Heatwaves kill some 45 people in Israel every year, study finds

The Environmental Protection Ministry released a study Tuesday that looked at the connection between climate change and mortality through the rise in heatwaves.

The study examined heat waves in the country from 2012 to 2020 and analyzed mortality data in Israel. It found that each heatwave in Israel leads to the deaths of some 45 people on average, with those over the age of 70 most affected by the sudden temperature jumps.

“The climate change crisis is a real threat to health and life,” said Environmental Protection Minister Tamar Zandberg. “The study shows the impact heatwaves and the climate crisis have on excess mortality, particularly in vulnerable populations. The ministry, the state and all government bodies and local authorities must prepare for heatwaves to reduce premature mortality, suffering and medical expenses.”

Most of the mortality abnormality during heat waves was observed in adults over the age of 70, who accounted for 88.5 percent of all deaths.

In addition to deaths, heat waves also increase hospitalizations and health care costs, the study found.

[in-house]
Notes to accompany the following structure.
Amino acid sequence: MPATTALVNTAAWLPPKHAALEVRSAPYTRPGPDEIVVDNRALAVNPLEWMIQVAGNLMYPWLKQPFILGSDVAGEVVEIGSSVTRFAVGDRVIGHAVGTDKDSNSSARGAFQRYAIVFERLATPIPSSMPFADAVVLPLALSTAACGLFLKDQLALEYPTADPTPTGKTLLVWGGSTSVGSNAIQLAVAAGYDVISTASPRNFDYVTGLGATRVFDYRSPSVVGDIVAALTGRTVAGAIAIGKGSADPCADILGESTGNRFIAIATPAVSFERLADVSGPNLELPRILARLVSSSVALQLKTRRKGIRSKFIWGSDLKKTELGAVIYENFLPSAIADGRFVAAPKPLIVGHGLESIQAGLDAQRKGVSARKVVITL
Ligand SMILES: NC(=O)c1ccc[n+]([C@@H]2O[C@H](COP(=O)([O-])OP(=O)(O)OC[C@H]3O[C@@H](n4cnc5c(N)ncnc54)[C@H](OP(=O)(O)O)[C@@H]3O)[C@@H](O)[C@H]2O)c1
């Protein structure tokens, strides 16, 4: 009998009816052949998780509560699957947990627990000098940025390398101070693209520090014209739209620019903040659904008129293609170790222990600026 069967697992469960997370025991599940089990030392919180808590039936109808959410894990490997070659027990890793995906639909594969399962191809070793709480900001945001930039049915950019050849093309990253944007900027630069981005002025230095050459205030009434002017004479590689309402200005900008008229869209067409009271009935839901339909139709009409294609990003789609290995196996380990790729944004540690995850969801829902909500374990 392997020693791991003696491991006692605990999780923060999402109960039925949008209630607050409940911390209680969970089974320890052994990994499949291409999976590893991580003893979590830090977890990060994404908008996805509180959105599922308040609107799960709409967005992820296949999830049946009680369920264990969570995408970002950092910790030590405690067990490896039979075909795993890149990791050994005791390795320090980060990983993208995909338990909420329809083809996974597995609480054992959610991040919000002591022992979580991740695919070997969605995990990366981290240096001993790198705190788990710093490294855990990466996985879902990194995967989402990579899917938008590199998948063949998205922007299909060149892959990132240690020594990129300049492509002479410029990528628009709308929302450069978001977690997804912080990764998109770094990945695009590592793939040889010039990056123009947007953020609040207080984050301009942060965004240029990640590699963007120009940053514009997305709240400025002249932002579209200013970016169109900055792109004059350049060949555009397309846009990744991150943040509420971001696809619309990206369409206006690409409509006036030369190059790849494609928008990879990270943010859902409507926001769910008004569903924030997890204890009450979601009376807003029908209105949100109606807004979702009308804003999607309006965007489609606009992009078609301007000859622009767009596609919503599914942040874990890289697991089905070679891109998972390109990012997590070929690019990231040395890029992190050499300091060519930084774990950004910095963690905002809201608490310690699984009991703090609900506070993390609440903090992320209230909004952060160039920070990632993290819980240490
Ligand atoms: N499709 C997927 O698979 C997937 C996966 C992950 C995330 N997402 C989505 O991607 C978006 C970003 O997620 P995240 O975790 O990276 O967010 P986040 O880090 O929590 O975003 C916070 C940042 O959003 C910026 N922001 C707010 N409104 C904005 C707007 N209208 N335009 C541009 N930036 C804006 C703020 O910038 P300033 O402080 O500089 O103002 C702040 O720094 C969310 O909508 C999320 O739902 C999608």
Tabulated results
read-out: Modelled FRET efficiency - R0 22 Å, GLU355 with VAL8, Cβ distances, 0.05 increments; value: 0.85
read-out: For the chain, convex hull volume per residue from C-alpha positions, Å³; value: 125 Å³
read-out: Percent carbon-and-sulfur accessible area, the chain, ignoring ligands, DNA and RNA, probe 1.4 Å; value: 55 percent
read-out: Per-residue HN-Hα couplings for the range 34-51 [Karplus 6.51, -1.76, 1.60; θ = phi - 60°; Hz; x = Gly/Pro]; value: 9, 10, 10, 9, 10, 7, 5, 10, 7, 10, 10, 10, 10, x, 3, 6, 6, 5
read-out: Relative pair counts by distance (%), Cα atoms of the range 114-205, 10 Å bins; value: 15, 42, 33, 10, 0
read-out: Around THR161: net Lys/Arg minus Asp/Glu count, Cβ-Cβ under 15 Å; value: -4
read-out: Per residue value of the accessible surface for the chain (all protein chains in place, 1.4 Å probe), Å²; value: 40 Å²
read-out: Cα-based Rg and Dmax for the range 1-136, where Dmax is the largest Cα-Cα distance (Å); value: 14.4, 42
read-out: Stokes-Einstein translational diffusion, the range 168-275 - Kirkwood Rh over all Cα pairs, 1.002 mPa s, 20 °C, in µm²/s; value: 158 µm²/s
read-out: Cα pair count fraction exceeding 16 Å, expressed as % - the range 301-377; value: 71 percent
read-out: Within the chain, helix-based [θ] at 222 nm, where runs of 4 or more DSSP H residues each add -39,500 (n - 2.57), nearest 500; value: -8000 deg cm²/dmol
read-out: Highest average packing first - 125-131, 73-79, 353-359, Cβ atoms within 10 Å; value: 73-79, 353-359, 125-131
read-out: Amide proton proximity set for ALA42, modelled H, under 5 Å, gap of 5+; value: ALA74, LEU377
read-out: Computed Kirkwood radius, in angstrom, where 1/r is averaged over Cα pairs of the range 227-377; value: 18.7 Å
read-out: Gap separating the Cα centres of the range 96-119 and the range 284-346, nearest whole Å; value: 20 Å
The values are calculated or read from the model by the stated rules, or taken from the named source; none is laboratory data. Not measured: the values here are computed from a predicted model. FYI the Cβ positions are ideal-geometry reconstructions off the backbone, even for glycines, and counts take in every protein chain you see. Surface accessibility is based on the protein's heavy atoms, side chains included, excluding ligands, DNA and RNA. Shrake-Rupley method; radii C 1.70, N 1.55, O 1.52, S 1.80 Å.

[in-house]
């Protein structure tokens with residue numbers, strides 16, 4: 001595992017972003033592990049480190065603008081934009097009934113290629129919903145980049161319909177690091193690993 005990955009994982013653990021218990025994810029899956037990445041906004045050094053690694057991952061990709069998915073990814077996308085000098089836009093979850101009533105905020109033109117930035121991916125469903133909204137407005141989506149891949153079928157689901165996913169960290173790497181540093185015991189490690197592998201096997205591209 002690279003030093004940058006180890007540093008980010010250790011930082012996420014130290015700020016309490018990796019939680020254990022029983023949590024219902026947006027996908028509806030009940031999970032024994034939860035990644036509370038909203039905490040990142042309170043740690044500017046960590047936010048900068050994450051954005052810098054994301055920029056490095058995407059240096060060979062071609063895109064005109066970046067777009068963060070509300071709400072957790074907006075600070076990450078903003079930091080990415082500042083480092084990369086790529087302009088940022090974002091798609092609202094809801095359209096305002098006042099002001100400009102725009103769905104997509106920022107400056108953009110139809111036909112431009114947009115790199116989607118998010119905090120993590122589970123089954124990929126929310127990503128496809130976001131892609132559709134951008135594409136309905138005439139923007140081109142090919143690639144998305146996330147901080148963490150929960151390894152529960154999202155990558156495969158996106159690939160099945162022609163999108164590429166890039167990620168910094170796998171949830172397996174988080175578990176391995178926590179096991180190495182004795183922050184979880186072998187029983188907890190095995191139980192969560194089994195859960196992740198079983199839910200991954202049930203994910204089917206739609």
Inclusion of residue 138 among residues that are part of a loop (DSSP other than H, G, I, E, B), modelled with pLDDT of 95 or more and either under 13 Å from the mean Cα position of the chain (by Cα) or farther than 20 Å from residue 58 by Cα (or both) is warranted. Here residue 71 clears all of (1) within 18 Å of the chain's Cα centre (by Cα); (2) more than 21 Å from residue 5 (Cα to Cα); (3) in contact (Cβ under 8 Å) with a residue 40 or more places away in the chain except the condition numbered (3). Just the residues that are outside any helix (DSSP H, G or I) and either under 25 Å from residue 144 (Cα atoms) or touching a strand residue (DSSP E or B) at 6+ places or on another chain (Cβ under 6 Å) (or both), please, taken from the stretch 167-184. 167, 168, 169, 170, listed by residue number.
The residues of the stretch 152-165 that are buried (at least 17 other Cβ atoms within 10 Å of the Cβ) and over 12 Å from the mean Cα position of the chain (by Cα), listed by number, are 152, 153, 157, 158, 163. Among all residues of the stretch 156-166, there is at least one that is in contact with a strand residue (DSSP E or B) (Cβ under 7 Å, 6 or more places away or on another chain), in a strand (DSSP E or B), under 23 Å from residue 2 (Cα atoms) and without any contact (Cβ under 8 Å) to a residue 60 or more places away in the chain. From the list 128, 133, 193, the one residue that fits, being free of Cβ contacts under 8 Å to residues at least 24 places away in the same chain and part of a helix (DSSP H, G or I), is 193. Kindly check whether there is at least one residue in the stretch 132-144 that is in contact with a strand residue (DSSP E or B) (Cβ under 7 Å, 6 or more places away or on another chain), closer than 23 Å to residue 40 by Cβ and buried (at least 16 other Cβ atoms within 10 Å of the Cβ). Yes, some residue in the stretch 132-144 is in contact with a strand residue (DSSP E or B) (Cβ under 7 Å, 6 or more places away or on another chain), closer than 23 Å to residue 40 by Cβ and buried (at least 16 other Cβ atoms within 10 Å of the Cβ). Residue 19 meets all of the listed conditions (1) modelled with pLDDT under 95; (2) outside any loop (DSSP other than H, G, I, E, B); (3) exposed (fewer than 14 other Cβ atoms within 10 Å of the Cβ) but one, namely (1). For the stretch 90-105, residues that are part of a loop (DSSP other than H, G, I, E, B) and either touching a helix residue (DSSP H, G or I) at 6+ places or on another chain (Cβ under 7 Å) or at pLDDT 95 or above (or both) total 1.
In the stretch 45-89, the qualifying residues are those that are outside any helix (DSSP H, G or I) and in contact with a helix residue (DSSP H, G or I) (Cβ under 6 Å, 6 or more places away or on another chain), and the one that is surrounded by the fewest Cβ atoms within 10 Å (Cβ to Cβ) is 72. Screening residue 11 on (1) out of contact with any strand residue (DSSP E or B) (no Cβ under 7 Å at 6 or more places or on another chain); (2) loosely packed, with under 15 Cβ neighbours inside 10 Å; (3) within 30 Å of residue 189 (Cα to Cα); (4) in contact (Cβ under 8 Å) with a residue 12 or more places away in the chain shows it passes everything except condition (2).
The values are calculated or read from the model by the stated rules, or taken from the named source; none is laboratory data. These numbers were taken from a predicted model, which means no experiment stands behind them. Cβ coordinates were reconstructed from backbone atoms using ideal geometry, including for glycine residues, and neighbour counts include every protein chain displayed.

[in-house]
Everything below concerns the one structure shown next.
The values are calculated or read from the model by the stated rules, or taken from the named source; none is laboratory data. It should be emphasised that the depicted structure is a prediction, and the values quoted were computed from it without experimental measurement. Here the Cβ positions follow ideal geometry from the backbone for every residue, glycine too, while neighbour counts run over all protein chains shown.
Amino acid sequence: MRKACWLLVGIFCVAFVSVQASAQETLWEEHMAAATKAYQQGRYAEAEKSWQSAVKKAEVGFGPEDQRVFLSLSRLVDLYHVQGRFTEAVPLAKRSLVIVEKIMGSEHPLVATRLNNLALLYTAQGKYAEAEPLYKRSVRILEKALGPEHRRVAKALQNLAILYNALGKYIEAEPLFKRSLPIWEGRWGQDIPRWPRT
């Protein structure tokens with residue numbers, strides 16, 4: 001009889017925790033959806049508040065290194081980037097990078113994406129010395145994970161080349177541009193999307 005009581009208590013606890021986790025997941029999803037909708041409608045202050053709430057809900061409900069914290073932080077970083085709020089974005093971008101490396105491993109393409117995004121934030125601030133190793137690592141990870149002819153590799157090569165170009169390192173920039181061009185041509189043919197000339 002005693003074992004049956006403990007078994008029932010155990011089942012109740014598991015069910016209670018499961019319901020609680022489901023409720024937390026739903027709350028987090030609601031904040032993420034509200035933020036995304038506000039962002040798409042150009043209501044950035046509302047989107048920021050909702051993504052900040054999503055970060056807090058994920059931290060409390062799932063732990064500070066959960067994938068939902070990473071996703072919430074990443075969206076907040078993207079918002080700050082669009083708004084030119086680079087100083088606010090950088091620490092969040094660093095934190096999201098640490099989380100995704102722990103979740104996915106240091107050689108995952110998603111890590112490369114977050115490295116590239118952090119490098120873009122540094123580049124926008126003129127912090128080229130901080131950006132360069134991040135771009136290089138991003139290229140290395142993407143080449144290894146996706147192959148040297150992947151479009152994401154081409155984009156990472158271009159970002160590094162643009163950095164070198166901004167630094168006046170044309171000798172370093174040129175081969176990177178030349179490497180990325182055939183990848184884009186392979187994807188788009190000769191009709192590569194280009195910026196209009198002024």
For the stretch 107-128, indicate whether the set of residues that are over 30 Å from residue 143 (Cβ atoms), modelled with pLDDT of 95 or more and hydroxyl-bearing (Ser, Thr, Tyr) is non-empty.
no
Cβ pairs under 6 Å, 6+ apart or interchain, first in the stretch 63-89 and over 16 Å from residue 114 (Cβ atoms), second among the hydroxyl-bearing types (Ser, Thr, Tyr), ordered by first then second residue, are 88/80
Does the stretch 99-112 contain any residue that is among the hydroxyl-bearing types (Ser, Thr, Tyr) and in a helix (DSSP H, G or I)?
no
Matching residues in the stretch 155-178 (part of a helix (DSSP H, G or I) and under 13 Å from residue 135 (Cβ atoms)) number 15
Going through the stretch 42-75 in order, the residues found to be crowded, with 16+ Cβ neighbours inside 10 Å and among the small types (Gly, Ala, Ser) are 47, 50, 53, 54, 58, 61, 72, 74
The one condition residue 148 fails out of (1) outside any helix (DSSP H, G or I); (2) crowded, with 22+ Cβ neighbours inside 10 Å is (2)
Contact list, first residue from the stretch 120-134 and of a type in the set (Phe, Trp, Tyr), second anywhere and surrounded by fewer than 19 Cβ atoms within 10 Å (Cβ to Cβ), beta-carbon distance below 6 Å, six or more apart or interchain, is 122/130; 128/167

The frequency, intensity and duration of heatwaves throughout the world, including in Israel, are on the rise, and the rate of increase is higher than expected so far.

Crowded Sourasky Medical Center Ichilov, Tel Aviv. (photo credit: Gideon Markowicz/Flash90)

A patient waits for a room in the Sourasky Medical Center Ichilov in Tel Aviv. (Gideon Markowicz/Flash90)

The study comes after a conference held last year on climate change and public health at Ben Gurion University gathered Health Ministry officials, policymakers and researchers to discuss the increasing damage to human health as a result of heatwave events.

Dr. Tamar Berman, an environmental toxicologist from Jerusalem’s Hebrew University who works with the Health Ministry, told the online confab then that while the government had approved a decision in 2018 to prepare for climate change, as of the end of 2021, none of the relevant ministries had received any funding to carry out the necessary work.

Some progress had been made, Berman said, with the establishment of a special directorate and seven subcommittees, and steps such as the mapping of the heat-related dangers ahead.

The Environmental Protection Ministry recently sponsored Israel’s first climate bill, which was approved earlier this month by the Ministerial Committee for Legislation.

The draft legislation seeks to commit the government to cut global warming emissions by at least 27% by 2030 compared with a 2015 benchmark, and to reach net-zero by 2050.